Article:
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Kailasanathar Temple


The temple is located in Kanchipuram, TamilNadu. 

The co-ordinates are 12°49’58.8″N 79°43’01.2″E!!!


The temple is dedicated to Lord Shiva, and is the oldest structure in Kanchipuram. The temple is built in the Dravidian architecture style, and is very well fame for its historical significance.  It is built in the typical Pallava style, with a pyramidal tower, a pillared hall and vestibule, enclosed by a wall. The temple is famous for exquisite carvings and attracts devotees and tourists alike. There are 58 small shrines situated around the main shrine, as a compound wall. Fresco style paintings adorn the inner walls of the temple.

The temple exudes a serene, tranquil air, set in peaceful surroundings away from the more popular temples of Kanchipuram. This temple is built using sandstone, unlike any other Dravidian temples. The temple is constructed near the banks of Vedavati river.

Temple construction is credited to the Pallava dynasty  who had established their kingdom with Kanchipuram (also known as “Kanchi” or “Shiva Vishnu Kanchi”) as the capital city, considered one of the seven sacred cities under Hinduism. There was an interregnum when the Chalukya rulers defeated the Pallavas and occupied Kanchipuram. However, the Pallavas regained their territory and started expanding their capital city of Kanchipuram and built many temples of great magnificence. The only temple of this period which is extant, is the Kailasanathar Temple. 

Shrines and Architecture:

The main shrine has a 16 sided Shivalinga in black granite deified in the sanctum. Within the walls of the main shrine there is padabhanda adhisthana (main pedestal) with very elegantly carved images of gods with a sculpted Nandi, a little distance away giving guard to the deity. On each face of the outer walls of the main shrine there are many carvings of gods and goddesses. In the south facing wall the sculpture depicts Shiva as Umamaheshavara with Varaha (incarnation of Vishnu as a boar) raising the linga, flanked by Brahma and Vishnu; and flying amaras at the lower level. The west facing hall has sculptures of Shiva in the form of Sandhya Tandavamurti and Urdhava Tandvamurti and the ensemble is completed with images of ganas in dancing poses and also with images of Brahma, Vishnu, Nandi and Parvathi. The carving of Shiva on the north facing wall is a composition of Tripurantaka flanked by three ganas. The exterior faces of the vimana (tower) have images of Bhikshatana, Somaskanda and Shiva in Samhara-Tandava (destructive dancing) pose.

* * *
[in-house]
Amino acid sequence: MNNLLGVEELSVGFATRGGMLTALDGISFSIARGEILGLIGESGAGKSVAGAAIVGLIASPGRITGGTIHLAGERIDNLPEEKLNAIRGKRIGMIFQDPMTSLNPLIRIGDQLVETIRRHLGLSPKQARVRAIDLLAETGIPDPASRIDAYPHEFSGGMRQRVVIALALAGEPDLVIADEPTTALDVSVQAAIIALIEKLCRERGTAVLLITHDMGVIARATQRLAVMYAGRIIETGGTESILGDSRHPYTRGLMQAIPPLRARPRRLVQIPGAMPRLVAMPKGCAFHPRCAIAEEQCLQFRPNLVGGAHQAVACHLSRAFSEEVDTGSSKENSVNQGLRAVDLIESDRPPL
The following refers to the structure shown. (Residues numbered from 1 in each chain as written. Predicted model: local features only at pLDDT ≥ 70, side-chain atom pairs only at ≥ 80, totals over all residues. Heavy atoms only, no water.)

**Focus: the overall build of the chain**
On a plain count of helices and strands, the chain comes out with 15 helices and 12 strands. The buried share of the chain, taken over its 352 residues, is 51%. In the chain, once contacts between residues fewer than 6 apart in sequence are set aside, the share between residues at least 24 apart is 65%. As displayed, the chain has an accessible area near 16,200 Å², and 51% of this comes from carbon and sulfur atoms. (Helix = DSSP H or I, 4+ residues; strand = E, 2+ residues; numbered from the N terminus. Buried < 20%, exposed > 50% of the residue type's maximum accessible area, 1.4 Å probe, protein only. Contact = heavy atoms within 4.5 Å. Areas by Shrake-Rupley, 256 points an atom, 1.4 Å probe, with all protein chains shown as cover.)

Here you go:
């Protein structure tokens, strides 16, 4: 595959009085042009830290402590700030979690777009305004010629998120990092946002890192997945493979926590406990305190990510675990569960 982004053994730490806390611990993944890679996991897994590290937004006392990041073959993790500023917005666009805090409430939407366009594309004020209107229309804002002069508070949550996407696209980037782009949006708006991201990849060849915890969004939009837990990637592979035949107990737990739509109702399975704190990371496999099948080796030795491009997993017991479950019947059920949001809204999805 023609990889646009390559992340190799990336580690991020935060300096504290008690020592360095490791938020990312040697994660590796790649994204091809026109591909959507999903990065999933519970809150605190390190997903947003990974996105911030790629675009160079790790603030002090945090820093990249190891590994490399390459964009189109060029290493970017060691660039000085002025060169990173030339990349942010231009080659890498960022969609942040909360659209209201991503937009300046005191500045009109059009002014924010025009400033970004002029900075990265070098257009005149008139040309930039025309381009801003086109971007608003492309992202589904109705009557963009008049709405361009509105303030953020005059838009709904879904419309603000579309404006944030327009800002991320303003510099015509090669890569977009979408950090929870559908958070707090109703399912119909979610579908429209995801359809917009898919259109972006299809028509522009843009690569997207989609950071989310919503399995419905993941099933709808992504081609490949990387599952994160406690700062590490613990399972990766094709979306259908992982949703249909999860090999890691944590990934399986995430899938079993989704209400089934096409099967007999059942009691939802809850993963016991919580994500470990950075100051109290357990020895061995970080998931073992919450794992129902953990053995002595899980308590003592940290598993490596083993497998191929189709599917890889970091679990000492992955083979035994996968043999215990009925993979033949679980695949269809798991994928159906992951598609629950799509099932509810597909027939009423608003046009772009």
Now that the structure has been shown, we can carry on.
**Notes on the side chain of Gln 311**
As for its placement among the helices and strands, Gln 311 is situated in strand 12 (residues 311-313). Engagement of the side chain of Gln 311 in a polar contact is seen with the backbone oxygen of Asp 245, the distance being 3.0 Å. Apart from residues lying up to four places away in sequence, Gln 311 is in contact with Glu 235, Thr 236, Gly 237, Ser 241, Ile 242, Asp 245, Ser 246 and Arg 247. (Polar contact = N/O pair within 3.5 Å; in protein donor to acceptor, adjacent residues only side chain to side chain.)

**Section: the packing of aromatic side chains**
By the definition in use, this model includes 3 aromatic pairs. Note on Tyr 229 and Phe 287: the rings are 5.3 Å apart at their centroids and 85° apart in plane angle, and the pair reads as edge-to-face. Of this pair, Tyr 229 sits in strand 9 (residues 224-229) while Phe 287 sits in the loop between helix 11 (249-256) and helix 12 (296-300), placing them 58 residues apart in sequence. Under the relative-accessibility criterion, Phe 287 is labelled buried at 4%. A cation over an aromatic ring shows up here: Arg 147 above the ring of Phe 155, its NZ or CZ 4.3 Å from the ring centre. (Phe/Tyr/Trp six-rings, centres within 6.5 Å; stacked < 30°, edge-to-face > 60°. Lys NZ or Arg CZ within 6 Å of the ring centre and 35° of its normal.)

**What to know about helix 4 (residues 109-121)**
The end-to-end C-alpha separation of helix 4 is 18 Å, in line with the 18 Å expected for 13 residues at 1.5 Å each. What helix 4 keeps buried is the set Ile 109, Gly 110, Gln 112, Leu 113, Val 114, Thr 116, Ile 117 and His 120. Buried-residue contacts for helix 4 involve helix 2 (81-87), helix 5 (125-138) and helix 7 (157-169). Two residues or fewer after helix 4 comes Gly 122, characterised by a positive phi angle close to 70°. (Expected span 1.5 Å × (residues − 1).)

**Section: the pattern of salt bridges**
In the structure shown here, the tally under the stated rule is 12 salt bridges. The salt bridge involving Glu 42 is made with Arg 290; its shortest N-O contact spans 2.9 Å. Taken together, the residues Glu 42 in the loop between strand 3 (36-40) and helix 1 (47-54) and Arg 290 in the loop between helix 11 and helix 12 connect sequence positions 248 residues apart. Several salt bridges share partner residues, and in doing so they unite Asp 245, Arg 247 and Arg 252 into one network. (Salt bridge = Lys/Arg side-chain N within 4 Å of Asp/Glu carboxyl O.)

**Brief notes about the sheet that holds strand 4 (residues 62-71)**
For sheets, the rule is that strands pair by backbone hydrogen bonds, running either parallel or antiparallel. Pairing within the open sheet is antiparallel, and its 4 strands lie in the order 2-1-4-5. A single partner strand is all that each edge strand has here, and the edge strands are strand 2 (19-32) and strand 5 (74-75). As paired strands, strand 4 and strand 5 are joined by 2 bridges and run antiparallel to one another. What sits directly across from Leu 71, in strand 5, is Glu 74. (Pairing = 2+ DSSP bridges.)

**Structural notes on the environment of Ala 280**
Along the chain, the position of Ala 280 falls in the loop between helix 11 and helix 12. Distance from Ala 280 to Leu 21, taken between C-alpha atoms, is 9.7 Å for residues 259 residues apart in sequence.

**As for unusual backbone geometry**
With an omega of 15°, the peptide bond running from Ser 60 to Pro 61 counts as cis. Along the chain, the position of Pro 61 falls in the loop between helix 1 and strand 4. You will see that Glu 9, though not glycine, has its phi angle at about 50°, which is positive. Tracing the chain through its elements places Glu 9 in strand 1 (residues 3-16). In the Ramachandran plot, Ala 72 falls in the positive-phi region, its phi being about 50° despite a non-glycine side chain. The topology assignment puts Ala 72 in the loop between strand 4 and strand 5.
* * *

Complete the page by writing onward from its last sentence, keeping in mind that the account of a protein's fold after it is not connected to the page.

It is of stone built architecture unlike the rock cut architecture built into hallowed caves or carved into rock outcrops as in Mahabalipuram. The tall gopuram (tower) is to the left and the temple complex is to the right. The structure has a simple layout with a tower or shikara at the center of the complex. The shikara of the temple, above the main shrine (sanctum sanctorum), is square in plan and rises up in a curvilinear style or pyramidal shape. The tower has many levels rising proportionately.


The Kailasanathar temple is a must see in Kanchipuram. The on site ASI employees will double up as guides for a small fee!!!